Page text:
Reflecting recent re-examinations of the nature and purpose of the modern publicly held corporation, Progressive Corporate Law introduces the reader to alternative perspectives within the field. The contributors to this volume are loosely bound both by their rejection of the prevailing paradigm of the corporation as a public good designed exclusively for the maximization of private profit and by their affirmative goal of designing corporate laws that accord better with the corporation's political and social realities. The resulting series of visions emphasizes communitarian themes of efficiency and morality of responsibility, altruism, and unity within the corporate form as well as between the corporation and the broader society. Progressive Corporate Law is important reading for business executives, lawyers, policymakers, and others who are concerned with the role of corporations in modem life. Designed to act as a springboard for stimulating discussion, it will be a valuable supplement to courses and seminars in corporate law and business ethics.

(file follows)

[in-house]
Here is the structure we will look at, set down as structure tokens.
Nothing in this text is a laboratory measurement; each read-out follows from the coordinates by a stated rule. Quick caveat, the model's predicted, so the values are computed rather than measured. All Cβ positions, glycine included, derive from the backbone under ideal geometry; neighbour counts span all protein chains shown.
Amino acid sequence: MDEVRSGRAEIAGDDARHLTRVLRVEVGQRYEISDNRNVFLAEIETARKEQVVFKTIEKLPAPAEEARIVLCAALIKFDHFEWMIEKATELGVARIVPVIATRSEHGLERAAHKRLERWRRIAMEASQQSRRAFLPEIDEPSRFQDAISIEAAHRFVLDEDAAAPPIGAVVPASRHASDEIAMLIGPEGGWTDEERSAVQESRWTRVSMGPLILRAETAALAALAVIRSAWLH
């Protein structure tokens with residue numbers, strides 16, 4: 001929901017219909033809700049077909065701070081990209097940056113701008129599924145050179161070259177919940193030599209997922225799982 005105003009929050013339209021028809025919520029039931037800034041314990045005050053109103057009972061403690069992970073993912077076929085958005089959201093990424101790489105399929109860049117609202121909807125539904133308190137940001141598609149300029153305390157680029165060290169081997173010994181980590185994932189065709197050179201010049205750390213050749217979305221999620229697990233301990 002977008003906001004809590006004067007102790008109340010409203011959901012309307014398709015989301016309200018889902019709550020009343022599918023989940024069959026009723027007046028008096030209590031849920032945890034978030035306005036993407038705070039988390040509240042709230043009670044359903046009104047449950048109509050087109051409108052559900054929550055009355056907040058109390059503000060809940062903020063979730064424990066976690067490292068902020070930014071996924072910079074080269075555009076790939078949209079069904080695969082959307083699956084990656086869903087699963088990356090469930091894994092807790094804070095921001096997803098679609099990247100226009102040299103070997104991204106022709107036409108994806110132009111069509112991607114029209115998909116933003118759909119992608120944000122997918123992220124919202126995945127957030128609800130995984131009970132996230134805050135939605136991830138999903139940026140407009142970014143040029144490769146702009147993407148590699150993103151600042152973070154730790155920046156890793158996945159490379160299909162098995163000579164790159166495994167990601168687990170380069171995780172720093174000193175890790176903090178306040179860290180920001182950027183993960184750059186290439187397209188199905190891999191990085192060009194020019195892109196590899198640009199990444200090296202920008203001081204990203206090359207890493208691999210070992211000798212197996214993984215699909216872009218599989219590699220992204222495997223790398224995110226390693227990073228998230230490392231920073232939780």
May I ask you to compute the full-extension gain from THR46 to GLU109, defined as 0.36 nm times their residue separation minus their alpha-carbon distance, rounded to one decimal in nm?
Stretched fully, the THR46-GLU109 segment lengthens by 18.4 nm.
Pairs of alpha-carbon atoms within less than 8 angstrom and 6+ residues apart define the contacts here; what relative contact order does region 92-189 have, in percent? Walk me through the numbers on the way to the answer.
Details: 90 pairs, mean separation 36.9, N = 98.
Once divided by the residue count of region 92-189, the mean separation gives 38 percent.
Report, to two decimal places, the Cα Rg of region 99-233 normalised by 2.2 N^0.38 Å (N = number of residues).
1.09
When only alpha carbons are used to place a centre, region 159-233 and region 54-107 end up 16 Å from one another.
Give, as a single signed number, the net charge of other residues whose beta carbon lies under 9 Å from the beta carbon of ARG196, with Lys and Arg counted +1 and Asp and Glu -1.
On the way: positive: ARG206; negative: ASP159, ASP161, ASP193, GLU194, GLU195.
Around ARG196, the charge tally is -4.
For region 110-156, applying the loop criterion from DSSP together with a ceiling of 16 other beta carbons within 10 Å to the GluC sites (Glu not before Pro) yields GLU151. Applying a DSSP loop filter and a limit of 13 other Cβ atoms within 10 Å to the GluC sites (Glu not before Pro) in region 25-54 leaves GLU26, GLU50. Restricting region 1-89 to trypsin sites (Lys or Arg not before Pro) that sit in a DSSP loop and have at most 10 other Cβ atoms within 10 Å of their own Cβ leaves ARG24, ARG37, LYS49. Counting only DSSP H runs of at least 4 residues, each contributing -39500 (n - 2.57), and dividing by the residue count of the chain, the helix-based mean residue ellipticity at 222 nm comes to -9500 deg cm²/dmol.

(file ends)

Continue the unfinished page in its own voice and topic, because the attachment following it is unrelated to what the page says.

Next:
Table of Contents
Foreword -- Preface -- Communitarianism in Corporate Law: Foundations and Law Reform Strategies -- Working Toward a New Paradigm -- Some Observations on Writing the Legal History of the Corporation in the Age of Theory -- The Death of Contractarianism and the Vindication of Structure and Authority in Corporate Governance and Corporate Law1 -- Experiencing Limited Liability: On Insularity and Inbreeding in Corporate Law -- Game Theory and the Restoration of Honor to Corporate Law’s Duty of Loyalty -- Trust. Contract. Process. -- Promoting Economic Justice in Plant Closings: Exploring the Fiduciary/Contract Law Distinction to Enforce Implicit Employment Agreements -- The Legitimacy of Multinational Corporations -- On the Frontier of Capitalism: Implementation of Humanomics by Modern Publicly Held Corporations — A Critical Assessment1
Lawrence E. Mitchell is John Theodore Fey Research Professor of Law at The George Washington University. His scholarship has focused on the introduction of communitarian concerns and ethical analysis into corporate governance, particularly in the areas of fiduciary obligation and constituency rights. Joel Seligman is Dean of the University of Arizona College of Law. He is coauthor of the leading treatise on securities regulation, and has written the foremost history of the Securities and Exchange Commission. He has, in addition, written widely on issues of securities regulation and corporate governance.